He could have been a typical representative of the proletariat, for in his life he never got beyond casual work as a harvest worker and longshoreman and, in his youth, had not even been able to attend school.
In other words, for the likes of Marx Eric Hoffer should have presented a prime example of a man whose consciousness is molded by his belonging to the proletarian class. But this son of a simple cabinetmaker who, like many other Germans, emigrated to the United States towards the end of the 19th century, spectacularly disproves Marx’s claim of such a correlation. The proletarian Hoffer did not talk about the harshness of fate, he did not even protest against it, but reflected on the course of development of states and on the men, who shape them. This simple worker, occupied at least half a week with scraping together enough money for his survival, spent the second half sifting through world literature in insatiable curiosity and brooding over things that had virtually nothing to do with his present life. If we think it a merit that some saints of the past only thought of how to help their fellows while completely disregarding their own personal needs, then we may regard Eric Hoffer as a kind of saint: a holy proletarian.
Hoffer himself did not see his own affinity with other members of his class, but with a French nobleman, the brooding philosopher Michel de Montaigne. The contrast couldn’t be greater: Here the proletarian working hard for his own subsistence, there the man whose birth had already secured him an outstanding social position. Because of his wealth, Montaigne had enough leisure to reflect on human nature, free from all partiality, all zeal, and all desires for conversion, his detachment still fills us with wonder and admiration. But Hoffer is much closer to our present time – he died in 1983. What this man has to say to us in his most famous first work “The True Believer” is timeless but nevertheless very much related to present problems. Hoffer’s always sharp-witted aphorisms and psychologically profound reasoning immediately show that he is all at the same time: a psychologist who without reticence looks down into the darkest corners of the human soul, and a mercilessly dissecting scientist who investigates man as another type of social animal. In other words, he reveals himself to be an outstanding sociologist and political scientist, for whose book of just 170 pages one may confidently sacrifice entire libraries coming from the pen of average representatives of the two subjects.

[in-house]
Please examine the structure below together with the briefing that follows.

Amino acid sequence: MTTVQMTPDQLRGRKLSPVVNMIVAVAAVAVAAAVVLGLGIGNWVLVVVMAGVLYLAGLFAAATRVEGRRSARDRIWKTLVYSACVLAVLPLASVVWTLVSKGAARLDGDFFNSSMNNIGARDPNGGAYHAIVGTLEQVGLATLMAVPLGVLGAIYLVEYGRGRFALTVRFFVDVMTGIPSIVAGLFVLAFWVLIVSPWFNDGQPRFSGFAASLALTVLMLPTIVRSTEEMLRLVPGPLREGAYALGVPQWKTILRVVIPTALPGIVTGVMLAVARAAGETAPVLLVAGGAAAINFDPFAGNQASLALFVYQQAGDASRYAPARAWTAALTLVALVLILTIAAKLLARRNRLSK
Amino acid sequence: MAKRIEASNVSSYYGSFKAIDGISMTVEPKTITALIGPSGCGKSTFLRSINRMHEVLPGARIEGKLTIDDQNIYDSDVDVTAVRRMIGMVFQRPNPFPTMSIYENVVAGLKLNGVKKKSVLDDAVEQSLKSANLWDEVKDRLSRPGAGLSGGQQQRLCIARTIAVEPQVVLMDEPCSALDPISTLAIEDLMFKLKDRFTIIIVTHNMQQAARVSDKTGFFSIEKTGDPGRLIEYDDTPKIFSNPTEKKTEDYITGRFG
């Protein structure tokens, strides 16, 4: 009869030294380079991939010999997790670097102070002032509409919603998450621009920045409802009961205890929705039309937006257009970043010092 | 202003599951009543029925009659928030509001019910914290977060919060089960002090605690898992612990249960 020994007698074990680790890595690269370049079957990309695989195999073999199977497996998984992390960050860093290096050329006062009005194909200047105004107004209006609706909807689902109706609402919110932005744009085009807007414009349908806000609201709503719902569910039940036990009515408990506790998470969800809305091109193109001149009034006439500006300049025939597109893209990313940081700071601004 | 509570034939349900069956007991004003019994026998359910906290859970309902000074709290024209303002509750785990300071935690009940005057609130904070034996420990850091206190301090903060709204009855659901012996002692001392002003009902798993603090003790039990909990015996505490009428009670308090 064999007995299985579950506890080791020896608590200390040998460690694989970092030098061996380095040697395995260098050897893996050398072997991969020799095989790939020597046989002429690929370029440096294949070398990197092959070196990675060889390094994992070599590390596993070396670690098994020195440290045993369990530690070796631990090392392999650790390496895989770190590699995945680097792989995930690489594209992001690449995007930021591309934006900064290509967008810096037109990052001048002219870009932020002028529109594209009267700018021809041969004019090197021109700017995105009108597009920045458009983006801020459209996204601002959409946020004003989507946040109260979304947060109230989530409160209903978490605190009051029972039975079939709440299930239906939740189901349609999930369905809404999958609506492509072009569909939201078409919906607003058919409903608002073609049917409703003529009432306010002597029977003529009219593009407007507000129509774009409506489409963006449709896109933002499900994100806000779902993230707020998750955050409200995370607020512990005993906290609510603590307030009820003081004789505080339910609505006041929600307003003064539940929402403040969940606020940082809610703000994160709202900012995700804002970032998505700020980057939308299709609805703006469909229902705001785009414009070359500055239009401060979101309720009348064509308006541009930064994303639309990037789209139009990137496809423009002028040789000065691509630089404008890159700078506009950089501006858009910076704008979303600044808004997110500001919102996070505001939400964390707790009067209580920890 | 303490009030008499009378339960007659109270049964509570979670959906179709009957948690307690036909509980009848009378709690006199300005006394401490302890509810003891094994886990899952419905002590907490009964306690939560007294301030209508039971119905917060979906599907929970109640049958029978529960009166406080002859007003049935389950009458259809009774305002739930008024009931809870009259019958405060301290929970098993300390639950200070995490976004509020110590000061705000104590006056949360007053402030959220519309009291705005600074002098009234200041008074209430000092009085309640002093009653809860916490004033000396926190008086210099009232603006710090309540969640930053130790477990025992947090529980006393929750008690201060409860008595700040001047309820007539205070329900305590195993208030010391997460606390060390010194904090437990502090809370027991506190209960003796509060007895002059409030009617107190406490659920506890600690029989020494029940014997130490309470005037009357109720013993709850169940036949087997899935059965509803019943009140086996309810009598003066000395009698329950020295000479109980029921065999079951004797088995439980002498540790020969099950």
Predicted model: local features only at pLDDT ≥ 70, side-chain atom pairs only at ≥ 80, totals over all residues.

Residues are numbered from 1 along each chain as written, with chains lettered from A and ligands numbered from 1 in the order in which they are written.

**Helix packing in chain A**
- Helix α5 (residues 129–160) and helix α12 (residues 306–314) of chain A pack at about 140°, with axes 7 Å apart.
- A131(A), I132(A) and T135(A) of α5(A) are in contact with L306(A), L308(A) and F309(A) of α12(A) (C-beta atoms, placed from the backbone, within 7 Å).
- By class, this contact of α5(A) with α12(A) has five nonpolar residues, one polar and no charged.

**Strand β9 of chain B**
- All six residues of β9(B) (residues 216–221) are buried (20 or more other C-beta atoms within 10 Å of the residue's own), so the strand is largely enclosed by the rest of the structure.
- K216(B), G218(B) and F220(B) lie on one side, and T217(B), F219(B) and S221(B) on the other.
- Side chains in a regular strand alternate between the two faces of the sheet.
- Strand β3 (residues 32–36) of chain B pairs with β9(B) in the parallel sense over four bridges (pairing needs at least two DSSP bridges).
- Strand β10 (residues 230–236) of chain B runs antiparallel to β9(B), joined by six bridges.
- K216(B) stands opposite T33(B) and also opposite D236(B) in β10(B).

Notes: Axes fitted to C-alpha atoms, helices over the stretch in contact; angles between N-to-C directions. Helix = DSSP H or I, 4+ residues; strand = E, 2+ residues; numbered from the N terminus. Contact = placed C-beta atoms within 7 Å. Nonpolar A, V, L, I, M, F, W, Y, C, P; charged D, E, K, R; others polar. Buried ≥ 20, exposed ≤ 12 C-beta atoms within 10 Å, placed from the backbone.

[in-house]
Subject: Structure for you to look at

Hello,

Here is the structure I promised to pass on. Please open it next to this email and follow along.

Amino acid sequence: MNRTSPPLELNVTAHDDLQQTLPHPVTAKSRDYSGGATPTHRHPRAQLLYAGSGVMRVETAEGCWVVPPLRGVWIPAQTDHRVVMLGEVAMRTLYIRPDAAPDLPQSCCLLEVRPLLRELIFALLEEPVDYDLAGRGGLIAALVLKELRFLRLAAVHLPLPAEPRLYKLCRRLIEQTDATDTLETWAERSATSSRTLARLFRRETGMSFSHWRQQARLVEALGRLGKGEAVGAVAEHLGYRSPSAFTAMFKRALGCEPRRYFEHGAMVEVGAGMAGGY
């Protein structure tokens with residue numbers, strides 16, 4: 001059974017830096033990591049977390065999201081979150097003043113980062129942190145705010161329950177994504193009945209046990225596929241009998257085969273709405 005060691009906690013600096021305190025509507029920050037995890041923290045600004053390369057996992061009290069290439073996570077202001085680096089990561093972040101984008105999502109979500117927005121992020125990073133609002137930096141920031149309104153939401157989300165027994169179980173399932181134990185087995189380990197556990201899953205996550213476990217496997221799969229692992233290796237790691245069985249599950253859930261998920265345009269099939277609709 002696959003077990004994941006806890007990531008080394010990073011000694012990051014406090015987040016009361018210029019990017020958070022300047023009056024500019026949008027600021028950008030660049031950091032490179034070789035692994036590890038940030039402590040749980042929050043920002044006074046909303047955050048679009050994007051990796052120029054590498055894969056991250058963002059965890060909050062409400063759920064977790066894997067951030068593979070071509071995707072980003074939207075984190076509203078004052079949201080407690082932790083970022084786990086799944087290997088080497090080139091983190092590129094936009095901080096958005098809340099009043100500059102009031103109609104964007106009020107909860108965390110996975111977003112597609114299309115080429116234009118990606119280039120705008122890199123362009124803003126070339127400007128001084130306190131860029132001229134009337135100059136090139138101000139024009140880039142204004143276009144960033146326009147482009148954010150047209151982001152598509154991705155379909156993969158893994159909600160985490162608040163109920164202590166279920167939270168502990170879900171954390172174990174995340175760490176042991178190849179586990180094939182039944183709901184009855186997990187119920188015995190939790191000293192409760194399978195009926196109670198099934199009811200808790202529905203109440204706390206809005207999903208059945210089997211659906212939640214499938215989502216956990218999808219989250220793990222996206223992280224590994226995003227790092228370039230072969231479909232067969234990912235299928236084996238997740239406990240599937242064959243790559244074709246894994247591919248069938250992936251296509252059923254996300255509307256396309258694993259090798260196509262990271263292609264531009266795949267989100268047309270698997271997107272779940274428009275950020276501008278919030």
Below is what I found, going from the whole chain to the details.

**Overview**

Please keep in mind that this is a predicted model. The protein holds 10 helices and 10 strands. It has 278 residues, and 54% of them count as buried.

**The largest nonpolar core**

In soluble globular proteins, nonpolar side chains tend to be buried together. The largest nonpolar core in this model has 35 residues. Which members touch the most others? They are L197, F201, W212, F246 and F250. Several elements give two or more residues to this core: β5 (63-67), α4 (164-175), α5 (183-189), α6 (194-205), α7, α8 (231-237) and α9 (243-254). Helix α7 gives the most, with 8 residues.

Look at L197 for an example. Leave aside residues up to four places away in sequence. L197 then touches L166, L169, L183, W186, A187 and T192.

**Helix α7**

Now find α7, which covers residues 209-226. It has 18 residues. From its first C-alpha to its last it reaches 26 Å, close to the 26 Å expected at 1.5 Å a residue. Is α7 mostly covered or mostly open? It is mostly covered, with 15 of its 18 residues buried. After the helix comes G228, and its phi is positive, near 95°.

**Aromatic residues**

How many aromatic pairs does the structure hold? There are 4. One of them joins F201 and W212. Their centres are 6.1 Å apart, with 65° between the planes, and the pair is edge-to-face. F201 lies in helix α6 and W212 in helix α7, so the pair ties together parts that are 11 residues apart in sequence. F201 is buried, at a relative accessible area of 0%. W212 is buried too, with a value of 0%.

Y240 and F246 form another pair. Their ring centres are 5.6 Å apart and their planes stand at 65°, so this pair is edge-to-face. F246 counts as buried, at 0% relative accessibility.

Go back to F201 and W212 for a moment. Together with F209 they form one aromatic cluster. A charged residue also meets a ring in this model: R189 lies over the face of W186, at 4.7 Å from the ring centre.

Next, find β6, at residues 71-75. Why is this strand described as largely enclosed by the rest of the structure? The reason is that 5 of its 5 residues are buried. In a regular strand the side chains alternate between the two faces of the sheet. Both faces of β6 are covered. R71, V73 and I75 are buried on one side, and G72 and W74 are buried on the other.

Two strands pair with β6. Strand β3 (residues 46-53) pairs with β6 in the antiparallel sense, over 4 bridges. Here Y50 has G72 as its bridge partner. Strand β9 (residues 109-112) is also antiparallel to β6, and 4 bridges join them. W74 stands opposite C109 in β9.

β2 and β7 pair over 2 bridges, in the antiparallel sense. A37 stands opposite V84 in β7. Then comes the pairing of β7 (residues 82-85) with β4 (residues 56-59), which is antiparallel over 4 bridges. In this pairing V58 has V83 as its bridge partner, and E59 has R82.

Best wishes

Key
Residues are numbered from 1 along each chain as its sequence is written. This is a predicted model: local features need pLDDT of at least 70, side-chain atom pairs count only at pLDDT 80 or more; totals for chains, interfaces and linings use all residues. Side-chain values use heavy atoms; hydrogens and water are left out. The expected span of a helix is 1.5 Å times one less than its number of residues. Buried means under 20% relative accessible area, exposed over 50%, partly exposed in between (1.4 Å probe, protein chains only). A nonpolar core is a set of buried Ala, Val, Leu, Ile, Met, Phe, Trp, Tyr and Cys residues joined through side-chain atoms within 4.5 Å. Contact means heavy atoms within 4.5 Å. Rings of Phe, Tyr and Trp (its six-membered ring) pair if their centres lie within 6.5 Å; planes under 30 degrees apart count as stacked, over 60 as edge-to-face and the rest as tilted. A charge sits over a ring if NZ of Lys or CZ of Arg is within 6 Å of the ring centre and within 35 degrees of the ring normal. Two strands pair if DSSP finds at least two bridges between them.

Since this man is not even mentioned in left-wing discussion forums, I dare say that his portrait, not to mention his writings, will not be found either in party headquarters or among the disciples of the left-wing camp. The question is, why? After all this fact must seem to be very strange when considering that Hoffer embodies the “thinking proletarian” more than anyone else. Marx, Engels, Lassalle, Kautsky or Tucholsky did not belong to the class of proletarians, but were born bourgeois and partly rich ones for that matter. Should not, according to the orthodox creed, their origin irremediably falsify their class consciousness? Why has it been accepted without objection that these bourgeois offspring pretended to know the fate and destiny of the social underclass, while a man like Hoffer, who belonged to it all his life, is still virtually non-existent and unknown to the left?